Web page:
Czech Republic: Second release shows economy performed better than previously reported in Q4
According to a revised estimate, GDP fell 4.7% year-on-year in Q4 (previously reported: -5.0% yoy), moderating from the 4.9% contraction seen in the third quarter. Meanwhile, on a seasonally-adjusted quarter-on-quarter basis, GDP expanded 0.6% in Q4 (previously reported: +0.3% s.a. qoq), following the previous quarter’s 7.1% jump. Taking the year as a whole, the economy shrank 5.6%, strongly contrasting 2019’s 2.2% expansion and marking the worst contraction since current records began in 1996.
Q4’s softer annual contraction reflected an improvement in the external sector, which more than offset worsening dynamics in the domestic economy. Exports of goods and services rose 4.7% in Q4, contrasting Q3’s 3.1% drop, amid a stronger international trading environment and easing Covid-19 restrictions abroad. In addition, imports of goods and services ticked up 0.2% in Q4 (Q3: -5.2% yoy). The external sector as a whole therefore added 3.7 percentage points to the headline reading in Q4, following the softer 1.4 percentage-point addition in the previous quarter.
On the domestic front, consumer spending fell a more pronounced 8.3% in Q4 compared to Q3’s 3.6% contraction, amid tighter containment measures and downbeat consumer sentiment. Moreover, fixed investment shrank a sharper 12.3% in Q4 following the previous quarter’s 10.3% fall, while public consumption growth accelerated and soared 4.9% (Q3: +0.1% yoy).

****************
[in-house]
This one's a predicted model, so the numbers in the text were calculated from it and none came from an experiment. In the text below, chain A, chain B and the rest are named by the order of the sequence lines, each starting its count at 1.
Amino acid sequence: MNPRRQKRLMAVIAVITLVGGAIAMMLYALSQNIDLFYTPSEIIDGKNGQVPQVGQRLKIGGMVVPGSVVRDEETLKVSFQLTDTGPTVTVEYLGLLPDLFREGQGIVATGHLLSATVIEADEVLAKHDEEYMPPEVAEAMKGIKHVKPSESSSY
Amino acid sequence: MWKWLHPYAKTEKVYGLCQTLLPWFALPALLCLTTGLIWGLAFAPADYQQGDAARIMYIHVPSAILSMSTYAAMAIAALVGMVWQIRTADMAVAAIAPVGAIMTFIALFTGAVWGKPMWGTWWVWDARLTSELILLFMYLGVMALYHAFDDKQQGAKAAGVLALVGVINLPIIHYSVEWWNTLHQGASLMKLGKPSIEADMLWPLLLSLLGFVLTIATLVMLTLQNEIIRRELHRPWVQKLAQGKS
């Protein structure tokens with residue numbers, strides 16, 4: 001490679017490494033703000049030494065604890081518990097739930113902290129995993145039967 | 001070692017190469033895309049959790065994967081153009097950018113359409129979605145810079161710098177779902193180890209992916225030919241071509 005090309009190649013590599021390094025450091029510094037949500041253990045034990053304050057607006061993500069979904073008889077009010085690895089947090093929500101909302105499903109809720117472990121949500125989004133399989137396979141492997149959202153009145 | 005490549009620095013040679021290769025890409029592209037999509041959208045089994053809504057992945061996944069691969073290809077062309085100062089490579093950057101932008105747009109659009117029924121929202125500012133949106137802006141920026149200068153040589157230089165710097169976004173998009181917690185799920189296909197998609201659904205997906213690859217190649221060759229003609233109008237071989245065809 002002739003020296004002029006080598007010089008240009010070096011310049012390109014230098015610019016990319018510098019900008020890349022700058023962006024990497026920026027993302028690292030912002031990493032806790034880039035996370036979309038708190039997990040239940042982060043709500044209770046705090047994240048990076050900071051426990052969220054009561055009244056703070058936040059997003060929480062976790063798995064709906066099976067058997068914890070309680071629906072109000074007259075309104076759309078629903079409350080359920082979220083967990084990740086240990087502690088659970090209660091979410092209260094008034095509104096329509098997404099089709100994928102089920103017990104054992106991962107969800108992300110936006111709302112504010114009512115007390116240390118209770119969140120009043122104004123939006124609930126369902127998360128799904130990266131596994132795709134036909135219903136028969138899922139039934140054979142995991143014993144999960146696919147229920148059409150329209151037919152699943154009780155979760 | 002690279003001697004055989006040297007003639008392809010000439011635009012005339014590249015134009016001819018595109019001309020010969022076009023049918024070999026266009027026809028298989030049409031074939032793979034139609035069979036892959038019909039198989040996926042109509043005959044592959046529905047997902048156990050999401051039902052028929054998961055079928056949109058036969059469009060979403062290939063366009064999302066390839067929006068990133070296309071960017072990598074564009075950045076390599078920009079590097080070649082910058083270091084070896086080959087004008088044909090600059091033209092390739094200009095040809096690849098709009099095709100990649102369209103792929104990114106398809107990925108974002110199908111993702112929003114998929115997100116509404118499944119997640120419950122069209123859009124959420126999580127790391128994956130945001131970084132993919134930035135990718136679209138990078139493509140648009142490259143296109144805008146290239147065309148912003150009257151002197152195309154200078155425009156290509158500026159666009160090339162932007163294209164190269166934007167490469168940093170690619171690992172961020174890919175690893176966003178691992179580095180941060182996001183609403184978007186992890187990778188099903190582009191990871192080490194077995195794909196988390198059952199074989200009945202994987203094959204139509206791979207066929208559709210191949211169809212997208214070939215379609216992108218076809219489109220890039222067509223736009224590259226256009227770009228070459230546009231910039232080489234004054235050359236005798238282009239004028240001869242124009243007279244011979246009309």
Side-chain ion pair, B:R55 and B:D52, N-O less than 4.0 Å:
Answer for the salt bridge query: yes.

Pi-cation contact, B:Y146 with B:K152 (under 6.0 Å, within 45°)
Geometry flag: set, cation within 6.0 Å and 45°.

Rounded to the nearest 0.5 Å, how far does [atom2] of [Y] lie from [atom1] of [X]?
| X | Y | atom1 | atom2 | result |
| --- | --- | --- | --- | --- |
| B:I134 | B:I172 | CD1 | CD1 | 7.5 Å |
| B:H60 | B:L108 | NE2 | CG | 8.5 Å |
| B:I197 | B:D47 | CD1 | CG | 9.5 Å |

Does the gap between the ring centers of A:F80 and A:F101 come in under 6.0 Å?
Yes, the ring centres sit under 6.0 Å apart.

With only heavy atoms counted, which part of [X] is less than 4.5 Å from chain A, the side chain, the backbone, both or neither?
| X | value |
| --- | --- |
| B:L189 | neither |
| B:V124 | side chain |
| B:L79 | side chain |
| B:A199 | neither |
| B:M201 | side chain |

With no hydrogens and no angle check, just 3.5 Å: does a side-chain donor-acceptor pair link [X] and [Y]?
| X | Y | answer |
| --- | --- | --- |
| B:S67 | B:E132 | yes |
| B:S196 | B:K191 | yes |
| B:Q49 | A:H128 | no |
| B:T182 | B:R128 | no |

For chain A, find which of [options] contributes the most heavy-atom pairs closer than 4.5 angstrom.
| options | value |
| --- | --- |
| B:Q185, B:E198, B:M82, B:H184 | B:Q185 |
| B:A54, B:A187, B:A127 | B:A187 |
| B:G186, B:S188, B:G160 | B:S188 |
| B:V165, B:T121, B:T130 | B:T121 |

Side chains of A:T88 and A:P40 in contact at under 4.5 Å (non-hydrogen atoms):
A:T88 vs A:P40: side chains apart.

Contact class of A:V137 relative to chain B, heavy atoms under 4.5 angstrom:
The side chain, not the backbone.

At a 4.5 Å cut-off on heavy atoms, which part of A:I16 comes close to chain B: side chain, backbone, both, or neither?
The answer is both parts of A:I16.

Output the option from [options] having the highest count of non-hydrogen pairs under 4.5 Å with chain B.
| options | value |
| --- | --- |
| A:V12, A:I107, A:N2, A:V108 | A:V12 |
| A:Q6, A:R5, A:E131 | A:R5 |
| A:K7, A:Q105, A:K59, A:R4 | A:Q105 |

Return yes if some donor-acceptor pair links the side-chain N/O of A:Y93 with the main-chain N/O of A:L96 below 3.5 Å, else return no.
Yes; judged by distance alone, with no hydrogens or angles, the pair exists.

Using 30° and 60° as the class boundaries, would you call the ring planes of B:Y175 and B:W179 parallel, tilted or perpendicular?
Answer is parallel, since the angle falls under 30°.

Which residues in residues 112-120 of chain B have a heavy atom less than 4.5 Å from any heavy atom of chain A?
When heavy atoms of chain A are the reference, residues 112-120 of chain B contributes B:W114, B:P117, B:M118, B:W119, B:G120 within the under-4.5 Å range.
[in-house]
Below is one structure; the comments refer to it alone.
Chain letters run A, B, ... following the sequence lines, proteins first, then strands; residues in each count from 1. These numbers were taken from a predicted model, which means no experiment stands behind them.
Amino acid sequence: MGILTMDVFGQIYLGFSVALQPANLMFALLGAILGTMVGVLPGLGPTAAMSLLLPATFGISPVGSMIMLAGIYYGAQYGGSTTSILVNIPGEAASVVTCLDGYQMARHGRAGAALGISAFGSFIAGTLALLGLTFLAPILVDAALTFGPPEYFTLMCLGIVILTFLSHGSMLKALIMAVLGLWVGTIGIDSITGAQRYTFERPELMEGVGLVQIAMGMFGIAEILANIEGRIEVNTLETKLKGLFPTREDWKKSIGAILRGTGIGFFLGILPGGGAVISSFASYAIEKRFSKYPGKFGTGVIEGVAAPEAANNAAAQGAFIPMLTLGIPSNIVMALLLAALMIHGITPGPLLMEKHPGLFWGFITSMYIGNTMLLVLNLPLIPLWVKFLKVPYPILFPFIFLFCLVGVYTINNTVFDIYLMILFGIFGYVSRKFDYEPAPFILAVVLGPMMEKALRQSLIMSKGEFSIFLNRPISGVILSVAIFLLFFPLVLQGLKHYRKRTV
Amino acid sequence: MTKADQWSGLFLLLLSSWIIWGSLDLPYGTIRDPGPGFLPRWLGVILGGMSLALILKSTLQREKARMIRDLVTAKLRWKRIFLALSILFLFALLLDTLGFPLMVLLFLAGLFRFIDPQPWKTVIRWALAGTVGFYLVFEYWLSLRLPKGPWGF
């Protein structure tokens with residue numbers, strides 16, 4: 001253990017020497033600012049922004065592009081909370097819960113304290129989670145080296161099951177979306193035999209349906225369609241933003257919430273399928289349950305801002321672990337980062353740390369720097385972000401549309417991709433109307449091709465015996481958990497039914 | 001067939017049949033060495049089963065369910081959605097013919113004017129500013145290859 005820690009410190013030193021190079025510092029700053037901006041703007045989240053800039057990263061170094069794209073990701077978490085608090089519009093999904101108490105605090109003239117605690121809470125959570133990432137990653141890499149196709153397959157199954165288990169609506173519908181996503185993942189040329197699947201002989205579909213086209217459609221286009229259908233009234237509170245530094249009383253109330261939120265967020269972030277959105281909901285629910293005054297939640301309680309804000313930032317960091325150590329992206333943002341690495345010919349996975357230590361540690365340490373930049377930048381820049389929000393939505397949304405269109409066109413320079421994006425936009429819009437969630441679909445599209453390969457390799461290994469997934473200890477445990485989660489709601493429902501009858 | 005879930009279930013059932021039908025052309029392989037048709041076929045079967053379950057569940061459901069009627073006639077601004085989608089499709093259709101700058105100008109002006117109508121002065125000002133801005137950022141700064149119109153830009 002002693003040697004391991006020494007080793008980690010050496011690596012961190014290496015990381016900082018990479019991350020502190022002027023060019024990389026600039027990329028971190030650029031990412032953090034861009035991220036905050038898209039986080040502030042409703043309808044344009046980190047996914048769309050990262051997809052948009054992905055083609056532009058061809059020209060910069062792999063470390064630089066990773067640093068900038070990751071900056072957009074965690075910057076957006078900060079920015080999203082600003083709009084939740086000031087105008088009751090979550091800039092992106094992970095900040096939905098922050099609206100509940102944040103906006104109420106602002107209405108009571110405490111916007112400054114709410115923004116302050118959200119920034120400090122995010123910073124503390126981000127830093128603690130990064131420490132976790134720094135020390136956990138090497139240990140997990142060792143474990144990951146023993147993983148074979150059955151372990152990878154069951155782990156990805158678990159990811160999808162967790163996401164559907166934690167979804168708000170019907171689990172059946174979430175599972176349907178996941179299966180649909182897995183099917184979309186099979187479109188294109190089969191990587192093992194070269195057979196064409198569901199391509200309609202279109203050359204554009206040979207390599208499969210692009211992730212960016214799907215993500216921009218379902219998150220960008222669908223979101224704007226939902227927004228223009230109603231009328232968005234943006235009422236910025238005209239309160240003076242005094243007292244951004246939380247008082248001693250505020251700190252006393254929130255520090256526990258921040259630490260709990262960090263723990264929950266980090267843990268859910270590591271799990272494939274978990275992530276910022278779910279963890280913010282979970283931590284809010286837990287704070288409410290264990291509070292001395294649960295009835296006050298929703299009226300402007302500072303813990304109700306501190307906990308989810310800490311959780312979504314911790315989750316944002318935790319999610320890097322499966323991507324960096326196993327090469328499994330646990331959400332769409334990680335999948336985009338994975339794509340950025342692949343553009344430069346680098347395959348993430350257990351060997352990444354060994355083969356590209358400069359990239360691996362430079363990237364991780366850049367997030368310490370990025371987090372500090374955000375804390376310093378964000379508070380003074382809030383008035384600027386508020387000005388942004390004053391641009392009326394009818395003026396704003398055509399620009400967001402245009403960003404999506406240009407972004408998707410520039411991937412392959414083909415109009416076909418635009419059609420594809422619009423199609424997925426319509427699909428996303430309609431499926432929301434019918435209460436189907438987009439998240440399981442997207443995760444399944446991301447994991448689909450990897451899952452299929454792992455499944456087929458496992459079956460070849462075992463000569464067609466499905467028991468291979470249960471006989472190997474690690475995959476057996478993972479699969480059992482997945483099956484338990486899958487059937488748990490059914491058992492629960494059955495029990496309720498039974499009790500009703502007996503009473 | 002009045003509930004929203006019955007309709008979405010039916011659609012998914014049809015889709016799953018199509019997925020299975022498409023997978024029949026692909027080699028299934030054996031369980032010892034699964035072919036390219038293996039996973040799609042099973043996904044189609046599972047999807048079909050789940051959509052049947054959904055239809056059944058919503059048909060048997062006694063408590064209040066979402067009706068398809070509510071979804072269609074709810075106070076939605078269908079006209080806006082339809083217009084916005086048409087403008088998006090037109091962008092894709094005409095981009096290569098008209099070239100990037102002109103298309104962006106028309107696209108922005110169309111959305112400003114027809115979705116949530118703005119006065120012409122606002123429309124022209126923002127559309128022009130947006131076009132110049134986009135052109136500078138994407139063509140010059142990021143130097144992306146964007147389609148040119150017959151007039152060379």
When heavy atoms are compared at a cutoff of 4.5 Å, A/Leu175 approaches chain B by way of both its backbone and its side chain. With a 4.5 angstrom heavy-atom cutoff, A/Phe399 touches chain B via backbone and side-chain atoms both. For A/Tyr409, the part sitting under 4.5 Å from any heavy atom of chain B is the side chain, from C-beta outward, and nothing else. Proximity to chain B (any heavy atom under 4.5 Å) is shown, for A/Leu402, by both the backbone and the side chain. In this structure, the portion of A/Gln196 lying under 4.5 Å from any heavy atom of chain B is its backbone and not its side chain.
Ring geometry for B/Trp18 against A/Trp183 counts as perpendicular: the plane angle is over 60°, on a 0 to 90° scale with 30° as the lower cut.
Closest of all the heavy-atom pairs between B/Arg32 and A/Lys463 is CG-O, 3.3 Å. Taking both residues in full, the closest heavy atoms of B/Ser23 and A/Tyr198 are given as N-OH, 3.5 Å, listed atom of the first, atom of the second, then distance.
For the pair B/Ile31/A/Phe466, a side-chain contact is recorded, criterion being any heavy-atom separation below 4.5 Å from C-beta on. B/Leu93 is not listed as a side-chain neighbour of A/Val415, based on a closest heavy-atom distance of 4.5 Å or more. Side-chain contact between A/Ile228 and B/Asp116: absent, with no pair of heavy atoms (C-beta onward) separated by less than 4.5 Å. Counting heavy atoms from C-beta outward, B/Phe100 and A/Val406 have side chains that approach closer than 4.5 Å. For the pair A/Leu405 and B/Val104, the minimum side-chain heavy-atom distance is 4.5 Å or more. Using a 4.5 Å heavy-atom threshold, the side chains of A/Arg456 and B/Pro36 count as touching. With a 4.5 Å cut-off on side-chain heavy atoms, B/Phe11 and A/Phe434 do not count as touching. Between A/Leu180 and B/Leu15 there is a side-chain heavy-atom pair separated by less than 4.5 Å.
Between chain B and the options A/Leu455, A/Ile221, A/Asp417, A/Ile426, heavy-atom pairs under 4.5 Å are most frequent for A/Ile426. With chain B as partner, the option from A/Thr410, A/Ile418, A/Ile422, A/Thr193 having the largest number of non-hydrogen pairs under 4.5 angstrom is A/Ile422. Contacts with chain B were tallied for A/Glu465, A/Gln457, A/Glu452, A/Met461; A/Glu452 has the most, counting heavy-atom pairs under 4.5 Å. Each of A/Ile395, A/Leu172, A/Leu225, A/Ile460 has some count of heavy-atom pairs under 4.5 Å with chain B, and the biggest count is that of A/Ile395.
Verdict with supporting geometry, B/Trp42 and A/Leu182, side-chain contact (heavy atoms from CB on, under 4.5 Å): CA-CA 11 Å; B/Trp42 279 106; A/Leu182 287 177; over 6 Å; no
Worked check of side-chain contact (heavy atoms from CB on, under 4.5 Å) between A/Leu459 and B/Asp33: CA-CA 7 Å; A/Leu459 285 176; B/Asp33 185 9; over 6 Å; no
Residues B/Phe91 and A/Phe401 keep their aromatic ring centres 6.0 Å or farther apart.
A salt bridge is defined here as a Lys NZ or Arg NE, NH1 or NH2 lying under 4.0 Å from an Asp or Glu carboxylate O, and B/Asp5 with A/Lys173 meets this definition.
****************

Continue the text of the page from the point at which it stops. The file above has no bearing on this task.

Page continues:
Commenting on the short-term outlook for the economy, Jakub Seidler, chief Czech Republic economist at ING, stated:
“The current negative Covid situation and third wave have led to tighter restrictions which will impact growth in 1Q21, but if a full lockdown (including industry) is avoided, net exports could help to limit the negative economic consequences of tighter restrictions – though industrial companies are also struggling with supply chains disruptions in 1Q, which are negatively impacting production, mainly in the automotive sector.”
Looking ahead, GDP is set to return to growth in 2021. Recovering demand from major European trading partners should underpin the external sector, while growing consumer and capital spending amid supportive fiscal and monetary measures should fuel domestic demand. However, the uncertain evolution of the pandemic clouds the outlook.